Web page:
Geek Sublime by Vikram Chandra
For most of us, computers and the programs that run on them are tools, designed to make our lives and work easier. But for the developers who build this software, the lines of code that underpin what we see on screen are not just practical – they can be beautiful. ‘Beautiful’ code is concise, structured and linguistically flexible – as such, many programmers see their work as a creative practice, akin to creating music, or literature.
Award-winning novelist Vikram Chandra is thus in a unique position, having worked as a programmer alongside his writing career. In Geek Sublime, Chandra’s first work of non-fiction, he recounts his early career as an Indian student in New York, and his gradual turn to coding as both a way to make money and a relief from fiction: ‘Write some code, and it either works or it doesn’t.’ From here, Chandra launches into an impressively broad history of computer science, its transition from egalitarian beginnings to modern Silicon Valley’s issues with race and gender, India’s post-colonial emergence as a programming powerhouse and the evolving thinking around code as a matter of form as well as function.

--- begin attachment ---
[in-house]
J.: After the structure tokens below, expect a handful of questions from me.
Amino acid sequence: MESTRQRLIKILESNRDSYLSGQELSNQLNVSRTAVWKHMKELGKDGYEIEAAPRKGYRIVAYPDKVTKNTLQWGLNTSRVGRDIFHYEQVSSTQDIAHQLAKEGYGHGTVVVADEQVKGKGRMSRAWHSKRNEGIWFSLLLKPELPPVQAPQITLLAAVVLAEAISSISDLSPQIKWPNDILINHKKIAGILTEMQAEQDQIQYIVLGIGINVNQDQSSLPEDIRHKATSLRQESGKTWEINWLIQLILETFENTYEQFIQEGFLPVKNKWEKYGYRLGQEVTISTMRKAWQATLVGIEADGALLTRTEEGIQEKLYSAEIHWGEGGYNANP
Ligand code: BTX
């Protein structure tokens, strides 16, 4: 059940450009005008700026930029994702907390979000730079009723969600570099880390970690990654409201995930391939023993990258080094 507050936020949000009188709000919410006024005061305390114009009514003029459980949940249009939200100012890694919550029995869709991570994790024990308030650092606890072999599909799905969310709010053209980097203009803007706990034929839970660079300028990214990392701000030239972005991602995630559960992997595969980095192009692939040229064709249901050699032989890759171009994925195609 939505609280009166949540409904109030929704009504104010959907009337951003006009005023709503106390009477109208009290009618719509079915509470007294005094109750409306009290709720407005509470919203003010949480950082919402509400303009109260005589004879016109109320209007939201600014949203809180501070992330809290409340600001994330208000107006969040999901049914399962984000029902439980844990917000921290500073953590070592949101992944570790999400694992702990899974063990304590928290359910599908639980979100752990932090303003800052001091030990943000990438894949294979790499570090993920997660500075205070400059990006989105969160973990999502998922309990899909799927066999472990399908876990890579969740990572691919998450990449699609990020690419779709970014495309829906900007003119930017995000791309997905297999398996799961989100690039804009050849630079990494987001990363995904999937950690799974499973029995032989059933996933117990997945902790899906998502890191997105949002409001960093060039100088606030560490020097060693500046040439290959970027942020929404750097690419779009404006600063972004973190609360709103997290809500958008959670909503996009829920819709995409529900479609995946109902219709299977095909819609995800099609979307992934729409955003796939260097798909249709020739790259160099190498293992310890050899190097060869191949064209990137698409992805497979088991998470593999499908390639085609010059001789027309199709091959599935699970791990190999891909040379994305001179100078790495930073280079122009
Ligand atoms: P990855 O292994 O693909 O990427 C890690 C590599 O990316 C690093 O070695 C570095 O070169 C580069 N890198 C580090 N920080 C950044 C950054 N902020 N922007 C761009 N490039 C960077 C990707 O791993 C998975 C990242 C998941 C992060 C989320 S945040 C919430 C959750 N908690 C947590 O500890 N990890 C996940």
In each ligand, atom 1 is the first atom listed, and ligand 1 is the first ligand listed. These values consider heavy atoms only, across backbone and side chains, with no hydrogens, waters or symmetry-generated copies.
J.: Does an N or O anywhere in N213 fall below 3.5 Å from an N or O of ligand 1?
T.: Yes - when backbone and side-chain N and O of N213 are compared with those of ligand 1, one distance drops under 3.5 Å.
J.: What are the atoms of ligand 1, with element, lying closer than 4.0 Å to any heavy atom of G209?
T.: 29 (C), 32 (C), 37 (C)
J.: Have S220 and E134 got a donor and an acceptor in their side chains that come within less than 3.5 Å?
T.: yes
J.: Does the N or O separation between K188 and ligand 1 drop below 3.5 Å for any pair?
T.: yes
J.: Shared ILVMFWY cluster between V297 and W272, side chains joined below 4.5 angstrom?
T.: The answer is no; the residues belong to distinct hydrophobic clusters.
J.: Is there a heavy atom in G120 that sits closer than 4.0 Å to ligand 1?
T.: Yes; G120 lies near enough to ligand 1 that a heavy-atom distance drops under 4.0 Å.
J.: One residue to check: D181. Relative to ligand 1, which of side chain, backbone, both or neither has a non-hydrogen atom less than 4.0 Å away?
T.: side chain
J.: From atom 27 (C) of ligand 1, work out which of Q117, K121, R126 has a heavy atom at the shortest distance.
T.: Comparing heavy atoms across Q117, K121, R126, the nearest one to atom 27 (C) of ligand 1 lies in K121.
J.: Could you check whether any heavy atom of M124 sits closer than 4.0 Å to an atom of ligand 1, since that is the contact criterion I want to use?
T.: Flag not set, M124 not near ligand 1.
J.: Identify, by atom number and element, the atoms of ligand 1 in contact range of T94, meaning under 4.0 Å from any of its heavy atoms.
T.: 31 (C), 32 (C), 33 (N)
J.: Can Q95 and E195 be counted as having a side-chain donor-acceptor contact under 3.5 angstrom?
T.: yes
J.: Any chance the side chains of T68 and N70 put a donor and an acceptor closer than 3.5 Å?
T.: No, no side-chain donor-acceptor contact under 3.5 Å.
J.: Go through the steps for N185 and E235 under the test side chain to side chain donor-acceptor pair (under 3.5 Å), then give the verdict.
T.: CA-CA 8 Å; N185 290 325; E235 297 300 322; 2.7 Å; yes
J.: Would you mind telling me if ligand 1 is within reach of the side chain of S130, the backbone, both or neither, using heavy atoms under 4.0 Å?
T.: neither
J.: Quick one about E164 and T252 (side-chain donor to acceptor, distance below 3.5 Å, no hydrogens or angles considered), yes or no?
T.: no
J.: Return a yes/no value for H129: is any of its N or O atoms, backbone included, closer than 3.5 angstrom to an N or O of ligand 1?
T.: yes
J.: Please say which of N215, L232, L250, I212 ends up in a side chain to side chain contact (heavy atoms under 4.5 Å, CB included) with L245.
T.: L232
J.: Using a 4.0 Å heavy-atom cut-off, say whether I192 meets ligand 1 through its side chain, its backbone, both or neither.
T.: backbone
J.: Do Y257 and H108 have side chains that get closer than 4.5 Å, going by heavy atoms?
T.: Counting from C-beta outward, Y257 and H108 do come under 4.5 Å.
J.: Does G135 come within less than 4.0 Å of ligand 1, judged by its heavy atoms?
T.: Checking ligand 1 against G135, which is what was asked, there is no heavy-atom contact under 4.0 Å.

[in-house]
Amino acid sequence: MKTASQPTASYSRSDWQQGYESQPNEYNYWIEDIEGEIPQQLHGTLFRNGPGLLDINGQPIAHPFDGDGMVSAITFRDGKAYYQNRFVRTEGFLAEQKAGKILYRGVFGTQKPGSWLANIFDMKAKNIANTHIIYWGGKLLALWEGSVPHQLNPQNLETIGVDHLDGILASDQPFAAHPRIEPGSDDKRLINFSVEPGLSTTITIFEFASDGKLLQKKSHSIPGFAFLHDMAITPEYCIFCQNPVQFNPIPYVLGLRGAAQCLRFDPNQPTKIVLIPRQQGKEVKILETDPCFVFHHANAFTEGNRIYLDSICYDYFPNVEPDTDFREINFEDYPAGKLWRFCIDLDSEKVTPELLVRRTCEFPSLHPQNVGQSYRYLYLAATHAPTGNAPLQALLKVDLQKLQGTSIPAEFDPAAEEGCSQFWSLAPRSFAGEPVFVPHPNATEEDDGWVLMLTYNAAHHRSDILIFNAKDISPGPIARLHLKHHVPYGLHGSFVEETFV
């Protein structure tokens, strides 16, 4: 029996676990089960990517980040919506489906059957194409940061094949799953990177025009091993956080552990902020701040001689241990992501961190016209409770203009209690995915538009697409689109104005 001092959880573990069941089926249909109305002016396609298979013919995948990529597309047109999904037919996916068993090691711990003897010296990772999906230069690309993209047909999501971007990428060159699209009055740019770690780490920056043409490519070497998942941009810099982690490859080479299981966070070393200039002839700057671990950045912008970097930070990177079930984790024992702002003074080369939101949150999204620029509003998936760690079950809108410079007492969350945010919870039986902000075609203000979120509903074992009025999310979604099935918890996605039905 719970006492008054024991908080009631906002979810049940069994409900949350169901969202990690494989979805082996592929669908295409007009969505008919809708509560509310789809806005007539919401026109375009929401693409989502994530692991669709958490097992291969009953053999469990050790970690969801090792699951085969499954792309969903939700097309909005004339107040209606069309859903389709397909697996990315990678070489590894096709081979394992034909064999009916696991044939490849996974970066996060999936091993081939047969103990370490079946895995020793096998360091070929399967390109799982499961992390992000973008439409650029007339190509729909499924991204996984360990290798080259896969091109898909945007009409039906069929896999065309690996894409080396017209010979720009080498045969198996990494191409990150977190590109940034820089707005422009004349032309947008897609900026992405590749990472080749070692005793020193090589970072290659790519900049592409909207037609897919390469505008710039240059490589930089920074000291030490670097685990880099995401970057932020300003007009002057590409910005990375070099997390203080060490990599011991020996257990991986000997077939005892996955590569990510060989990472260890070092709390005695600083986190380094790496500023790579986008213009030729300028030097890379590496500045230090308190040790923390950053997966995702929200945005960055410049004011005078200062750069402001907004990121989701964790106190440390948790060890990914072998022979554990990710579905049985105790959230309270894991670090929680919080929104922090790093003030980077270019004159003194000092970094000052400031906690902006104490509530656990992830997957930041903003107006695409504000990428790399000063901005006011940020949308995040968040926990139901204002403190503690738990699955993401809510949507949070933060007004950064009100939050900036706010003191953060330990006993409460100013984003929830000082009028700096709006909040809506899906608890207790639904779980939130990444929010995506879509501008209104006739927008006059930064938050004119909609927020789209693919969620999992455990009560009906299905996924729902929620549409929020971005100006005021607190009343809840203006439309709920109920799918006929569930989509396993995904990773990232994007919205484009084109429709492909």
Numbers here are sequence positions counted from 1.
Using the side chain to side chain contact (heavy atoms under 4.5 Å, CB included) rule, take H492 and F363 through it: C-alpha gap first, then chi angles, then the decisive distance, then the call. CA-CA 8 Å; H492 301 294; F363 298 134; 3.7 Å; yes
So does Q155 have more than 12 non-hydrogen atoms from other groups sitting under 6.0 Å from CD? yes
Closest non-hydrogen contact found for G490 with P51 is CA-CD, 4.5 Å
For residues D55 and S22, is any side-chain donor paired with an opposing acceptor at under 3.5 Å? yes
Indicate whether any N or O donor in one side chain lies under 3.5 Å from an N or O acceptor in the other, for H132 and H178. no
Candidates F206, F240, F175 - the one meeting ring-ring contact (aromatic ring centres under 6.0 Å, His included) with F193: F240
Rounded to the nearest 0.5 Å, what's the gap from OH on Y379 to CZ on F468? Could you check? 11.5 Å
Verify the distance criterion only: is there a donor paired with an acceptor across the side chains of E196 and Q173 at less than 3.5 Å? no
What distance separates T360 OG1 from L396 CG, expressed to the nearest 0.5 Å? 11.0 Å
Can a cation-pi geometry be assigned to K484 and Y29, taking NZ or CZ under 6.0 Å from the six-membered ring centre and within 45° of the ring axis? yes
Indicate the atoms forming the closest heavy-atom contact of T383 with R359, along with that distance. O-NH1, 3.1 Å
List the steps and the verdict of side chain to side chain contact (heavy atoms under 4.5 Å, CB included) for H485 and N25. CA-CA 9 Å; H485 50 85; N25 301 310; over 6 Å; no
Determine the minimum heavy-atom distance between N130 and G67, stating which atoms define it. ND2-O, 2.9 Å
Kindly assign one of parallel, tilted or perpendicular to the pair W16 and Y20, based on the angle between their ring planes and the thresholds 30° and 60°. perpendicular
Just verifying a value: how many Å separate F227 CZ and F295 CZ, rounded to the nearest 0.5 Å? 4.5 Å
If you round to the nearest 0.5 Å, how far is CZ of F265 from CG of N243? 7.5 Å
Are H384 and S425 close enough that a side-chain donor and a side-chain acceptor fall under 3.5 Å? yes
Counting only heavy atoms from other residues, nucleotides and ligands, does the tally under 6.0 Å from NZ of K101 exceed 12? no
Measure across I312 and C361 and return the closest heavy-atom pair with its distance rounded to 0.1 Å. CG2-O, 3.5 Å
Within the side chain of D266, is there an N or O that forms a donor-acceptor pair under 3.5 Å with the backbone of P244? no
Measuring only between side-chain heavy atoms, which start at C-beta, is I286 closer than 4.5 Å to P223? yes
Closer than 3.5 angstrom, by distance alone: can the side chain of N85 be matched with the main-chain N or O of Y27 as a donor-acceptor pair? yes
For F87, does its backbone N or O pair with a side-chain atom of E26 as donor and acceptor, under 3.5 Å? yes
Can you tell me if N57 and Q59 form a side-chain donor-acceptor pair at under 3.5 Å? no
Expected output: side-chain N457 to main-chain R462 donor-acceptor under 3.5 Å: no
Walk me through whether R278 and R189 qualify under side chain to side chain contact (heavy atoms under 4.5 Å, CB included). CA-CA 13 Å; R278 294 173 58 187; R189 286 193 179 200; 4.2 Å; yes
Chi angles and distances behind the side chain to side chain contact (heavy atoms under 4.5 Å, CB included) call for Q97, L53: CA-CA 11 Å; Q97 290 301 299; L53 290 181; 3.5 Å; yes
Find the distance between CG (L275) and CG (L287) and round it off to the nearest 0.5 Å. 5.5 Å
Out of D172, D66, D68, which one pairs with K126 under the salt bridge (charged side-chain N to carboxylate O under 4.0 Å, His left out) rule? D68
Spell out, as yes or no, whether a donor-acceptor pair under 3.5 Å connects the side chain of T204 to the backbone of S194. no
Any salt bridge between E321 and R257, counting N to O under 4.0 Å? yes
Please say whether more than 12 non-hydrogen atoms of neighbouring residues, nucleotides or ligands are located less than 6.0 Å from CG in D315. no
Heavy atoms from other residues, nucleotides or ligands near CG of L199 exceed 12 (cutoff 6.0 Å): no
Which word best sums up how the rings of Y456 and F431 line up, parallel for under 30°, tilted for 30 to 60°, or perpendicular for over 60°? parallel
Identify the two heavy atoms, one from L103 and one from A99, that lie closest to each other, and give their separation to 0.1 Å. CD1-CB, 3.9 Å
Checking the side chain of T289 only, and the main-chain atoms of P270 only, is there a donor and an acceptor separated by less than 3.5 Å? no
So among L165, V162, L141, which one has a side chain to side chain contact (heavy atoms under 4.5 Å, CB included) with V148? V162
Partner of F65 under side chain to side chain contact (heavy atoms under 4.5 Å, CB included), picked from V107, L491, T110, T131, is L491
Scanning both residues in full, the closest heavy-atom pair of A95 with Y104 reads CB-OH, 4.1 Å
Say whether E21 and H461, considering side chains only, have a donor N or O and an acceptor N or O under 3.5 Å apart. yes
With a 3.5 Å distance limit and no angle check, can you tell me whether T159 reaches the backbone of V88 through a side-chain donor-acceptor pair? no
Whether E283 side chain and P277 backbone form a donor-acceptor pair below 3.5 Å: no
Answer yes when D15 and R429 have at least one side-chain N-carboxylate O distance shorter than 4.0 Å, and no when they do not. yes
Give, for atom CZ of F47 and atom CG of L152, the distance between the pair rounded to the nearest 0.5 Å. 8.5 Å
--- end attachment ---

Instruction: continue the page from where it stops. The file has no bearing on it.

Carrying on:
The book’s second half takes on a decidedly more academic tone, as Geek Sublime evolves into an exploration of the concept of beauty and consciousness through the perspective of pre-modern South Asian philosophy and Sanskrit, a language with such strict structure and grammar that parallels can be drawn with modern programming languages. Chandra’s thesis covers so much ground as to lose focus at times – a diversion into tantric sexual practice, though fascinating, feels unnecessary – and casual readers might struggle with the book’s heavier sections. For readers of philosophy and literary theory, however, Geek Sublime offers a valuable contribution to the discussion around art in the age of technology.
Alan Vaarwerk is the editorial assistant for Readings Monthly.